Cameron and Bryce Jones were just 13 and 14 years old when they witnessed the Okanagan Mountain Park fire devastate their home city of Kelowna, British Columbia, in 2003. “The grounds behind my house were unrecognizable,” Bryce Jones recalls of the aftermath. “Previously an expansive and pristine forest, a place to wander and explore, was converted into a charred grassland, with virtually no living trees, but instead burned snags, where you could see kilometers into the distance the bare and exposed landscape. Twenty years later the forest still hasn't returned.”

That destruction fueled an ambitious goal for the brothers: Plant one billion trees in Canada and across the world by 2028. With the help of technology, they're well on their way to achieving that goal. Their startup Flash Forest deploys drones to shoot “seed pods” onto fire-damaged land to grow biodiverse, tree-rich landscapes.

Flash Forest Ontario planting
As forest fires worsen, manual planting cannot keep up with the world’s reforestation needs. Credit: Flash Forest Inc.

With drones, the Flash Forest team can rapidly plant post-wildfire, where in many cases it’s too dangerous to send human planters. They also target mid- to high-severity fires, where entire forests have burned and natural regeneration is less likely to occur. “These forests struggle to regenerate naturally and need assistance to re-establish after a fire,” Jones says. “Unfortunately due to climate change we’re seeing more and more high-severity fires across the world.”

For Flash Forest plantings, a team brings drones to a forest site and pilots them above the tree canopy, 130 to 200 feet in the air. The drone deployers are automated, shooting seed pods at a strong enough velocity that they embed into the soil. Drones deploy five pods per second, covering a lot of ground in a matter of minutes.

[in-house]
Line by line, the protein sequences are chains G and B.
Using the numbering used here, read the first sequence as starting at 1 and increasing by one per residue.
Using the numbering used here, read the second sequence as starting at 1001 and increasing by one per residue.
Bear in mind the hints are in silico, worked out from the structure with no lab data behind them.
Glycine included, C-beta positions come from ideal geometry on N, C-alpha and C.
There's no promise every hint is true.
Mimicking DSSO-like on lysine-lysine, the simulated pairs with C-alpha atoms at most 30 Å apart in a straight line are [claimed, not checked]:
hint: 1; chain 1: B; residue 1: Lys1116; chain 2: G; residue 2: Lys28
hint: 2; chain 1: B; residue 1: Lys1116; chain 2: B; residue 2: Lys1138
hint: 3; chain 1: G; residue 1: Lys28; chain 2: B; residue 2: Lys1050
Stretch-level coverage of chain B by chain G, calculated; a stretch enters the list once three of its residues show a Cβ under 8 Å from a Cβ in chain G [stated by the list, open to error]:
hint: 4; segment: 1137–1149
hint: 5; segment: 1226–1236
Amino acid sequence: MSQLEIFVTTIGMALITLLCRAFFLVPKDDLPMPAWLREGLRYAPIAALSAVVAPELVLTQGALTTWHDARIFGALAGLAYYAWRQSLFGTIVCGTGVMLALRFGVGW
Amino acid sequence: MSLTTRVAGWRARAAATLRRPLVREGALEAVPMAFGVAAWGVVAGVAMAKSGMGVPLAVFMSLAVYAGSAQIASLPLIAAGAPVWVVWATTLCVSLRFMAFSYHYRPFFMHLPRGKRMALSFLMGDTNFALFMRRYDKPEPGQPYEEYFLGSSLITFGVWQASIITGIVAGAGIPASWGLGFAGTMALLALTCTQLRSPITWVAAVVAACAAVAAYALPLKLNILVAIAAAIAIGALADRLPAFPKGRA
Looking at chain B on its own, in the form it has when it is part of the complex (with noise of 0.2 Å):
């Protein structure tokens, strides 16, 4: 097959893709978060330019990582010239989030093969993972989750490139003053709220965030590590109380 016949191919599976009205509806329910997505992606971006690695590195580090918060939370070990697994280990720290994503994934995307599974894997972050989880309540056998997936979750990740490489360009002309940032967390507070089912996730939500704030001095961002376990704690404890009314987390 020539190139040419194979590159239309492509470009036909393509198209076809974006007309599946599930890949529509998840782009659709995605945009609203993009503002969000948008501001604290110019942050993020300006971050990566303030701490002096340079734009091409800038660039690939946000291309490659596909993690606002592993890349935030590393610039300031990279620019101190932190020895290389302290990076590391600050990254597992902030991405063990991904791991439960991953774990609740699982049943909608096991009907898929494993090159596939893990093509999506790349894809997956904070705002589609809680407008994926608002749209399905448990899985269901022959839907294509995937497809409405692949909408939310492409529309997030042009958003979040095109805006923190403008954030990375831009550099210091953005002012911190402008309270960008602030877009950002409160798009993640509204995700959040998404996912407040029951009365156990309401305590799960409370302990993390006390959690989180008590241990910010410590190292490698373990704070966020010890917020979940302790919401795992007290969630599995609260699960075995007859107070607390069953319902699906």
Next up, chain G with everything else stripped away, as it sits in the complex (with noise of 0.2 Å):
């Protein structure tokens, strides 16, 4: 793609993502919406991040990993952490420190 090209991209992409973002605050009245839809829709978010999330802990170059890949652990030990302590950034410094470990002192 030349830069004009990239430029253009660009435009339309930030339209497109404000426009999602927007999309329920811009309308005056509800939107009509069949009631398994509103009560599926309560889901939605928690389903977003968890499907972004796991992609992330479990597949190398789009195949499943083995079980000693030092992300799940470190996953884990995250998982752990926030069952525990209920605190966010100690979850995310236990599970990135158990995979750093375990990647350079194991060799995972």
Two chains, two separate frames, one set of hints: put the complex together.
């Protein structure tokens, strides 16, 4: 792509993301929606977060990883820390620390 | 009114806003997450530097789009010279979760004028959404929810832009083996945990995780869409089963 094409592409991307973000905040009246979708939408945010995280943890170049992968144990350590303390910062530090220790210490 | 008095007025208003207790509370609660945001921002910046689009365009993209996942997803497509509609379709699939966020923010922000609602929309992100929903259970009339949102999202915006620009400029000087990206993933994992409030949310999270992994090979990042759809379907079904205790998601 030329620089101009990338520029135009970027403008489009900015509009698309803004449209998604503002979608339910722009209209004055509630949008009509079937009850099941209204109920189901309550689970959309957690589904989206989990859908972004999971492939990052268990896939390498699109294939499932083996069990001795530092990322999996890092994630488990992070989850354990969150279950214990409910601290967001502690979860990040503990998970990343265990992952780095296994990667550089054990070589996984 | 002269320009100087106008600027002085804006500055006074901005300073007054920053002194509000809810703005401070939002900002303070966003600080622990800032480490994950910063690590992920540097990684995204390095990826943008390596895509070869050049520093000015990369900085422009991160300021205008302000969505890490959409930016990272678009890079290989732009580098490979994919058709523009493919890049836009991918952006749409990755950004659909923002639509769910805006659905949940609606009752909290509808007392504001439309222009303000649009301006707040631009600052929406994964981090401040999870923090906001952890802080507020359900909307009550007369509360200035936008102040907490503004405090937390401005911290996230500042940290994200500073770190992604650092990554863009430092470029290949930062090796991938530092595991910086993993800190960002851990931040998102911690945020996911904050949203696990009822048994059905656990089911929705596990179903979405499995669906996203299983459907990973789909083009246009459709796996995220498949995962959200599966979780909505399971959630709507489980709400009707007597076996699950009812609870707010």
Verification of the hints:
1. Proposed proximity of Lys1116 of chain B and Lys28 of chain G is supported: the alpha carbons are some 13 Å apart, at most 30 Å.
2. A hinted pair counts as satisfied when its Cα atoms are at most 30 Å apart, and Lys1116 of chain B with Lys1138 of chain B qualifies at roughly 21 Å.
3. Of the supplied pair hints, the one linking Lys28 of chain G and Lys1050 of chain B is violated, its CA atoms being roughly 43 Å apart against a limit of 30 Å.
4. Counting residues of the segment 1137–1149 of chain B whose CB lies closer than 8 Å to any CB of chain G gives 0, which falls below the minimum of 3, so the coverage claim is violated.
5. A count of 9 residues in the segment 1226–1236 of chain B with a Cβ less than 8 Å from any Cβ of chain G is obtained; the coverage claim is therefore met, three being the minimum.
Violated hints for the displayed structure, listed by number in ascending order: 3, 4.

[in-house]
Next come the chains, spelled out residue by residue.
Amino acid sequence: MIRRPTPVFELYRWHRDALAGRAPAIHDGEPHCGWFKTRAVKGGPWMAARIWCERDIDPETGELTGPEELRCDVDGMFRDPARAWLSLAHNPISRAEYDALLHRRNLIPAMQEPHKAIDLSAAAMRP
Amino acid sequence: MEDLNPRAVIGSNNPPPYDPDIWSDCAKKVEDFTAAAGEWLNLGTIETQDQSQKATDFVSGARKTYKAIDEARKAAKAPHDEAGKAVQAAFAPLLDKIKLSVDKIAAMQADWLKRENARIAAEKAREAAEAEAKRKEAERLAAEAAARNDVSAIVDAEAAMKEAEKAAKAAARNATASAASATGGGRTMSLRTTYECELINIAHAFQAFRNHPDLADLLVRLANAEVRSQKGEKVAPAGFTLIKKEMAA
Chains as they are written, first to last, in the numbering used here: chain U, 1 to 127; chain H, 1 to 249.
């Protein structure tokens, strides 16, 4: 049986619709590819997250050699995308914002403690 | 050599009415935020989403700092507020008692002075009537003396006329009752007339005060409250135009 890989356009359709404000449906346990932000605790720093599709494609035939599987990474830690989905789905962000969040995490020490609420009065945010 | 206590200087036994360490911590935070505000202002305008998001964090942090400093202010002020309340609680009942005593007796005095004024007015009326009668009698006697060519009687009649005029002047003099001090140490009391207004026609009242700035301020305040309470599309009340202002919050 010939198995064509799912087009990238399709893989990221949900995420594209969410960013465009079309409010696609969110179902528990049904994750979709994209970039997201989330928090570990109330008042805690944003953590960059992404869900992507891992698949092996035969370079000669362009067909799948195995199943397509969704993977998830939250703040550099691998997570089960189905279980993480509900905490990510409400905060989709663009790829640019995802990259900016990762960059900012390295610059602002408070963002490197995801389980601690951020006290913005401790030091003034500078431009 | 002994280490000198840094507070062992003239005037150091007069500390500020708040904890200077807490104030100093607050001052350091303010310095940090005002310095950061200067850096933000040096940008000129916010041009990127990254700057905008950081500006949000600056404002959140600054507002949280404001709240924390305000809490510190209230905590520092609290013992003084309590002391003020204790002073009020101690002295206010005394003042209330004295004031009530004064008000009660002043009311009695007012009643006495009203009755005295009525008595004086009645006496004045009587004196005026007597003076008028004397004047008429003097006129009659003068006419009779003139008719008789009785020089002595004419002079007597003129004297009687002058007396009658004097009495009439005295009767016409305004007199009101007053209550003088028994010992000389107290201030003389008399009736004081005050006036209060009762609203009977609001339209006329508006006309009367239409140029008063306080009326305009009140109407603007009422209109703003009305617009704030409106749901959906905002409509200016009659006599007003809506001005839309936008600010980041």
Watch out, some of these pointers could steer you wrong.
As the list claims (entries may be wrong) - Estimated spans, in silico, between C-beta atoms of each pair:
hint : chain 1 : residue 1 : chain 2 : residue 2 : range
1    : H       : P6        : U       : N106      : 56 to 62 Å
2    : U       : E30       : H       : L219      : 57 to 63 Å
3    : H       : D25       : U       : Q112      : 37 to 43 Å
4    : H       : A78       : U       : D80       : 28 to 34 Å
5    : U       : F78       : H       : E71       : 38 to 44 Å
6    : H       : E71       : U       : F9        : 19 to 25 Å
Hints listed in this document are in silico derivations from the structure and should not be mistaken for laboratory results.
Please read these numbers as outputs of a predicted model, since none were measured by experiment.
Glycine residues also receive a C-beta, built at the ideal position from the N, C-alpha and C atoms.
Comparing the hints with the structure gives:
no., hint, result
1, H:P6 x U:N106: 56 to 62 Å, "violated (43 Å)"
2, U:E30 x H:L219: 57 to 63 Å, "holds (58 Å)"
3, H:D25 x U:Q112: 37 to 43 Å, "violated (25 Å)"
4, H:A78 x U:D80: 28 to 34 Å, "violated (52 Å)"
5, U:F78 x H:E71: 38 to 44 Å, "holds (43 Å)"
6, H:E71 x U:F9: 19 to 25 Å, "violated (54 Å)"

In addition to extensively modifying commercial drones to add seed-firing abilities, the company relies on aerial mapping software to ensure, Jones explains, “pods are not wasted in areas where trees won’t grow, such as water, rocks, logs, paths and tree crowns.” The seed pods themselves are a biological experiment in progress, a search for the most reliable recipe for healthy, large-scale reforestation. 

Bryce Jones
Flash Forest co-founder Bryce Jones was 14 years old when he saw the Okanagan Mountain Park fire devastate his home city. Credit: Flash Forest Inc.

A team of plant scientists have designed over 100 recipes so far. Douglas fir, Western larch, Lodgepole pine, Ponderosa pine, White spruce, Black spruce and Jack pine are all in the mixes. “Our goal is to be the most biodiverse reforestation company,” Jones says. “We want to maximize the number of species we plant so we can rebuild forests, not just monocultures.” 

Pilot projects launched in spring 2021. Between April and June, the team planted over 300,000 seed pods — 19 different species at 13 sites across Canada — completing the largest drone reforestation project in Canadian history. 

By spring of 2022, the company refined its drone and software tech and partnered with federal and provincial governments, private landowners, forestry companies and First Nations communities to plant 150,000 trees on land they each own or manage. The company had fleets of three drones each planting 1,500 to 1,600 pods across public and private parcels in Ontario, British Columbia and Alberta. Flash Forest monitors and ensures the desired seedling density is reached across each site it visits, and checks on the health, growth rate and species distribution of seedlings after the plantings.